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Below is my code in which i want to find whether string contain $ symbol or not but it is showing error: error: unknown escape sequence '\$'

#include <sys/types.h>
#include <regex.h>
#include <stdio.h>

#define MAX_MATCHES 1 //The maximum number of matches allowed in a single string

void match(regex_t *pexp, char *sz) {
        regmatch_t matches[MAX_MATCHES]; //A list of the matches in the string (a list of 1)
        //Compare the string to the expression
        //regexec() returns 0 on match, otherwise REG_NOMATCH
        if (regexec(pexp, sz, MAX_MATCHES, matches, 0) == 0) {
                printf(" matches characters ");
        } else {
                printf(" does not match\n");

int main() {
        int rv;
        regex_t exp; //Our compiled expression
        //1. Compile our expression.
        //Our regex is "-?[0-9]+(\\.[0-9]+)?". I will explain this later.
        //REG_EXTENDED is so that we can use Extended regular expressions
        rv = regcomp(&exp, "\$", REG_EXTENDED);
        if (rv != 0) {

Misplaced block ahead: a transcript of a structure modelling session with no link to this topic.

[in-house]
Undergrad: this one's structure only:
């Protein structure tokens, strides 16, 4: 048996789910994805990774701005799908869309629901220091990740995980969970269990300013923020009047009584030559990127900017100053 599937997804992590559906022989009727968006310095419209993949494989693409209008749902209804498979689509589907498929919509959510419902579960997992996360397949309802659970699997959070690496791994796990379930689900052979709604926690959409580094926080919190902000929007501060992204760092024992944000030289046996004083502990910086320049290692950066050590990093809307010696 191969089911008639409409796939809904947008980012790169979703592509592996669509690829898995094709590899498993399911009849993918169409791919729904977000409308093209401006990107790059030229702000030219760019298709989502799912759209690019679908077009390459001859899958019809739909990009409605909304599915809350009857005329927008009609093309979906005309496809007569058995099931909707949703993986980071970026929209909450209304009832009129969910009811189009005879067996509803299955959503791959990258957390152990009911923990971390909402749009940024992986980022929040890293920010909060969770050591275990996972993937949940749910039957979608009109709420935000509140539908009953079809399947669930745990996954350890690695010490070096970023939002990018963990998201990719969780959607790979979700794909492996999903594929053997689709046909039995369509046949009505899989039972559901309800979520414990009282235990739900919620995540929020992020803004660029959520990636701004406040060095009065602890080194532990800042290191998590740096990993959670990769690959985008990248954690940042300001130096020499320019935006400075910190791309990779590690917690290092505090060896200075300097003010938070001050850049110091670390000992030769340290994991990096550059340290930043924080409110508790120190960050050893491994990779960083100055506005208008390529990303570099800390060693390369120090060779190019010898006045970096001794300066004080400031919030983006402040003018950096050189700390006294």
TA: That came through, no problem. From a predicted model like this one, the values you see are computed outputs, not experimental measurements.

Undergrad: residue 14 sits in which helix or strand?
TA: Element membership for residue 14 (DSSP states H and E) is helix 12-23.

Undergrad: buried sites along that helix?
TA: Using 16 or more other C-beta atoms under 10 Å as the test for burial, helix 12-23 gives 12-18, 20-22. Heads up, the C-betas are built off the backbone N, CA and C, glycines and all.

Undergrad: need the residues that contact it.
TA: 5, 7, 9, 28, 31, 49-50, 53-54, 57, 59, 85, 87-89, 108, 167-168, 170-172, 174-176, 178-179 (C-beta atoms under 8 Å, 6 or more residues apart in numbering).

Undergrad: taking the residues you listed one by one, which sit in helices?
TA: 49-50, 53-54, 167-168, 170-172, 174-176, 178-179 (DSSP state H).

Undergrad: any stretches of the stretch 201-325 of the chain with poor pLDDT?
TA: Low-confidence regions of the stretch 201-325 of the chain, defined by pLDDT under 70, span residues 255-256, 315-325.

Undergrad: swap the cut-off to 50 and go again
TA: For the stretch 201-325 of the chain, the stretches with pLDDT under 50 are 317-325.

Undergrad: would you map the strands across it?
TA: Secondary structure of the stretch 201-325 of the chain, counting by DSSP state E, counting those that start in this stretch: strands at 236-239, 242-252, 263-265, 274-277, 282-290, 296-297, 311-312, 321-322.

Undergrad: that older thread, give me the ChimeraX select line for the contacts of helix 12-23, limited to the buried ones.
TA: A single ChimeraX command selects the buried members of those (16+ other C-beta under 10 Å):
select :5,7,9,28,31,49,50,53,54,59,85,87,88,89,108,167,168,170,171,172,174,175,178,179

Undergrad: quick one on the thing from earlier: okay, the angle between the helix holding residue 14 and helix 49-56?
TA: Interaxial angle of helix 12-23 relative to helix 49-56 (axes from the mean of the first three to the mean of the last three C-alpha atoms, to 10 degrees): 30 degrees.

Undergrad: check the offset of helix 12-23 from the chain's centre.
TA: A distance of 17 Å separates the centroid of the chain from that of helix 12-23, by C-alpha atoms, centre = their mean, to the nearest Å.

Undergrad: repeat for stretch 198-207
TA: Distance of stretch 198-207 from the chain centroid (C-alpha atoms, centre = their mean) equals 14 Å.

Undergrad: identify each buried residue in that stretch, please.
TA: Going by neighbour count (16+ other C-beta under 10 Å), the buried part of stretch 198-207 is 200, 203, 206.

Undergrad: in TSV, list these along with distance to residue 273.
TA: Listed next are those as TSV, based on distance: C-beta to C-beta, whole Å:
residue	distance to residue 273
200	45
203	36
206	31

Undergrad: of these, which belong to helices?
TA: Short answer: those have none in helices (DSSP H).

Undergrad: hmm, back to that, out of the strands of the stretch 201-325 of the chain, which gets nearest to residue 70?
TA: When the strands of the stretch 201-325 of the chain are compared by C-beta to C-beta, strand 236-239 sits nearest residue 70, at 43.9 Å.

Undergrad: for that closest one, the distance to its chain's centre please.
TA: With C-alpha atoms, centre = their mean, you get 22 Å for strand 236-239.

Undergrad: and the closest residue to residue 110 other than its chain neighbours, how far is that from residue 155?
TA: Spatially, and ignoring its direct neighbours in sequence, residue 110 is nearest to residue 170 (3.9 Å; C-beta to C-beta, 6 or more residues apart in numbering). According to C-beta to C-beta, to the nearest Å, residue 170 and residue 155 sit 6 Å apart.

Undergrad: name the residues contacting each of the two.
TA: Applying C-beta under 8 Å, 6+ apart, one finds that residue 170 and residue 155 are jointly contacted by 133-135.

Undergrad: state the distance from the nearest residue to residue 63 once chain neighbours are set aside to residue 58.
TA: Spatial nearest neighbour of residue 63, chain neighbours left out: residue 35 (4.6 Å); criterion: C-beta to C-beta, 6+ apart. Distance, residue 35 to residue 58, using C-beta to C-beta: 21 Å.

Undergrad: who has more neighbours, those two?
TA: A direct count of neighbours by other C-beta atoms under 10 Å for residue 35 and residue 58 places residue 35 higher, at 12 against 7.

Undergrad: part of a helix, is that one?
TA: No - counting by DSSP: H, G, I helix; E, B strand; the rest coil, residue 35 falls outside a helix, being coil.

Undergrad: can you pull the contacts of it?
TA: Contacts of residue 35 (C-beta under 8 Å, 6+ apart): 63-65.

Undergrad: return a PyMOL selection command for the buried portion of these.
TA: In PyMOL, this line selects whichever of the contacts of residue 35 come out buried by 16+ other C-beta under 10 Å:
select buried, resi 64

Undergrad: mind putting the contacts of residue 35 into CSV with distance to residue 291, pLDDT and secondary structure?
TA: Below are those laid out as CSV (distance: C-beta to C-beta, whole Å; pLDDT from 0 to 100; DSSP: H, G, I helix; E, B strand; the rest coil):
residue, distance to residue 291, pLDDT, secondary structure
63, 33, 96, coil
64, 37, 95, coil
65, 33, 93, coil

printf("regcomp failed with %d\n", rv);
        //2. Now run some tests on it
        match(&exp, "Price of iphone is $800 ");

        //3. Free it
        return 0;
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up vote 4 down vote accepted

You need to escape the backslash:

rv = regcomp(&exp, "\\$", REG_EXTENDED); 
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Escape the backslash in the string literal also: "\\$"

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I haven't done C regex's for some time, but from memory you have to double escape backslashes in them, because the first one is seen as a C escape, the second one is then passed to the regex engine as an escape for the $. i.e. \\$

As a further example of that, if you want to check for a backslash in a C regex, you need to use \\\\

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When you want to create a string which includes a backslash, like this regular expression, you need to escape the backslash with another backslash:

regcomp(&exp, "\\$", REG_EXTENDED); 
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